Updated: Nov 11, 2021
In France, the alarm is being raised: our collective consent to pay for the funding of therapeutic innovation to defeat rare diseases is in danger. Christophe Duguet, representing the AFM-Téléthon [the muscular dystrophy patient association], discusses the urgency of “rebuilding the means of organizing this consent” not because the existing social security system would be unsatisfactory, but rather out of concern for its sustainability (Deleuze et al., 2016).
Today, all patients who need it have access to orphan drugs, without paying a charge. The social security system set up after the Second World War in France is a solidarity-based system – everyone participates in the social protection of all (in the form of contributions and taxes) and everyone benefits from social protection. Social security protects people who reside permanently in France from risks related to diseases (i.e. illness, maternity, disability, and death), in addition to risks related to occupational diseases and accidents at work, family (childhood and youth), and old age (retirement and widowhood). This system of protection is intended to be both egalitarian and equitable.
France is one of the few countries to have implemented a policy of temporary authorization for use (ATU) of innovative drugs – including orphan drugs – in order to provide early access. The ATU, granted at the request of a pharmaceutical laboratory or the attending physician, makes them available to the patients prior to the granting of a marketing authorization; the ATU can subsequently be temporarily extended (post-ATU) between the time a marketing authorization is granted and the outcome of negotiations on the price and the rate of reimbursement of the drug by the social security system, in order to ensure continuity of patient treatment. Drugs with an ATU (or post-ATU) status are also 100% covered by social security.
In his three proposals to “rebuild the means to organize this collective consent to pay,” Duguet calls for defending the specificities of the French healthcare system (the policy of early access to innovative treatments in particular) with regard to the responsibilities that Europe is being asked to take on; we must, Duguet says, avoid European harmonization on the lowest common denominator. The two other proposals underline the importance that French rare disease patient organizations attach to evidence-based activism (Rabeharisoa, Moreira & Akrich, 2014): sustaining a solidarity protection system requires a better understanding of the issues at stake and an effort to clarify the choices being made. He advocates the design of new knowledge tools “allowing to answer essential questions, such as the economic impact of rare diseases”, mentioning for example the creation of an Economic Observatory of Orphan Drugs. By calling for transparency in the pricing of innovative drugs, he recommends the construction of a new pricing model, with a view to achieving “fair and controlled prices.”
The extremely high price of drugs for rare diseases, and what would make these prices acceptable, are issues of international debate. When the health economist Catherine Le Galès writes that the acceptance of these prices “cannot be justified on the grounds that only the rarity of the disease counts”, it is to better underline the “multiple concerns mixing moral principles, issues of social justice and efficiency of public spending” that these prices rise, as much as the fact that the marketing of drugs for rare diseases are the result of “the embedding of scientific, industrial, financial, political and economic reasons” (Le Galès, 2019). What holds the attention in the way Duguet approaches the question is this invitation to consider the sustainability of a solidarity-based system of social protection, which in France is the main payer, from the point of view of the practical and concrete ways in which solidarity is actually exercised. Or more precisely, in which solidarity will be exercised in the future if the hope of developing new treatments for a growing number of rare diseases becomes a reality. This raises a series of very interesting questions for SPIN (social pharmaceutical innovation), starting with what is counted and what counts from the point of view of patients, manufacturers, and the community, as well as the innovation process itself and the future of social protection.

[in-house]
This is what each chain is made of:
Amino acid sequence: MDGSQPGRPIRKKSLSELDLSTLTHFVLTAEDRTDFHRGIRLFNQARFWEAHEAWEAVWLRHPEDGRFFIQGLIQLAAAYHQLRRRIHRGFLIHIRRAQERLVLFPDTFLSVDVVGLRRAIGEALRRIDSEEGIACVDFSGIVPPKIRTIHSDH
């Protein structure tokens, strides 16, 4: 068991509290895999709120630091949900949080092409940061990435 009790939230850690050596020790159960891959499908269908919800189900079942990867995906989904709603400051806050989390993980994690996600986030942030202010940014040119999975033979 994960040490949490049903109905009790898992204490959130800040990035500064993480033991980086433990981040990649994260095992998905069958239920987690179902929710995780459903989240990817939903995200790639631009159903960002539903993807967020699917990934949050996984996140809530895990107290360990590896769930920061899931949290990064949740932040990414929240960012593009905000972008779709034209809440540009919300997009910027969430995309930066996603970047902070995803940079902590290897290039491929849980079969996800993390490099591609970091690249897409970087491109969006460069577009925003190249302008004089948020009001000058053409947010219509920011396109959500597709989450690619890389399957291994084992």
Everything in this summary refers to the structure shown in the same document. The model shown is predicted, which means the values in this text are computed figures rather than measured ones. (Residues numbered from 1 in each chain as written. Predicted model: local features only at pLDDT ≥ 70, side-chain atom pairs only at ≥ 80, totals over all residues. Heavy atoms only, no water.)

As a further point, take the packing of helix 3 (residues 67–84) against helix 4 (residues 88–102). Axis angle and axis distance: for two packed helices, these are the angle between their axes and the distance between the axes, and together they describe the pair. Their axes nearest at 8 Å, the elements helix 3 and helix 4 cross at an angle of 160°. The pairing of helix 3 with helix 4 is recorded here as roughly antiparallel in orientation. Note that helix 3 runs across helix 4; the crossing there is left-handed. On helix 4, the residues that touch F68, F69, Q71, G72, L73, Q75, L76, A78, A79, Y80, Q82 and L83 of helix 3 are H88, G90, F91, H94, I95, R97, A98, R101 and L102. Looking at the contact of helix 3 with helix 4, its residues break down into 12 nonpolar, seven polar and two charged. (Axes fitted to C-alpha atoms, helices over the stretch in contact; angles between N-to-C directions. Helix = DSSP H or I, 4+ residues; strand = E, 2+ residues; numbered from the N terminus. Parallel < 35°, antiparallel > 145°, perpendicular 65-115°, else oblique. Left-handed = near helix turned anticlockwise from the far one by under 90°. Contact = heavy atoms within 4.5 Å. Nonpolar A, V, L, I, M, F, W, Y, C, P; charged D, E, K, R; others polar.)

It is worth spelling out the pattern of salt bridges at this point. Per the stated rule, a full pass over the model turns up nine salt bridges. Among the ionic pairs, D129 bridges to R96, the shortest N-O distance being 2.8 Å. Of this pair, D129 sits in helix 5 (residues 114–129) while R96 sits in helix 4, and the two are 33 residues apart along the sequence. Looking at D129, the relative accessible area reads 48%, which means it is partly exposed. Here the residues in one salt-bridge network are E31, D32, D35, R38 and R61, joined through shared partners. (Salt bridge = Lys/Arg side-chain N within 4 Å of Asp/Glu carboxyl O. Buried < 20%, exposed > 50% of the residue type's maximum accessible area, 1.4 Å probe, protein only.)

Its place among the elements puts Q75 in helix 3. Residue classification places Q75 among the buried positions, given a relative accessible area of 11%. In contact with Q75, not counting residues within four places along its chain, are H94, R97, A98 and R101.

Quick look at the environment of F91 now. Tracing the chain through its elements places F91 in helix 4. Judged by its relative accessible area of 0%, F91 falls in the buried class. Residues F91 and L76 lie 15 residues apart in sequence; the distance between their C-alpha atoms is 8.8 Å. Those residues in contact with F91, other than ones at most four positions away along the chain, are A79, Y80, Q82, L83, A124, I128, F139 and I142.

This raises a series of very interesting questions for SPIN (social pharmaceutical innovation), starting with what is counted and what counts from the point of view of patients, manufacturers, and the community, as well as the innovation process itself and the future of social protection.
Deleuze Christian, Detournay Bruno, Duguet Christophe, Handweiler Valérie (2016). Table ronde 4 - Réalité et pérennité du modèle économique des maladies rares. Médecine / Sciences, 32 (hors série n°1): 29-33.
Le Galès Catherine (2019). Quel prix pour les médicaments orphelins ? Global Média Santé, 4 (62): 61 à 69
Rabeharisoa Vololona, Moreira Tiago & Akrich Madeleine (2014). Evidence-based activism: Patients’ organisations, users’ and activists’ groups in knowledge society, BioSocieties, 9(2): 111–28.
Written by: Florence Paterson
Photo: Gunnar Ries, Health care is expensive, 2009 (CC BY-NC-ND 2.0)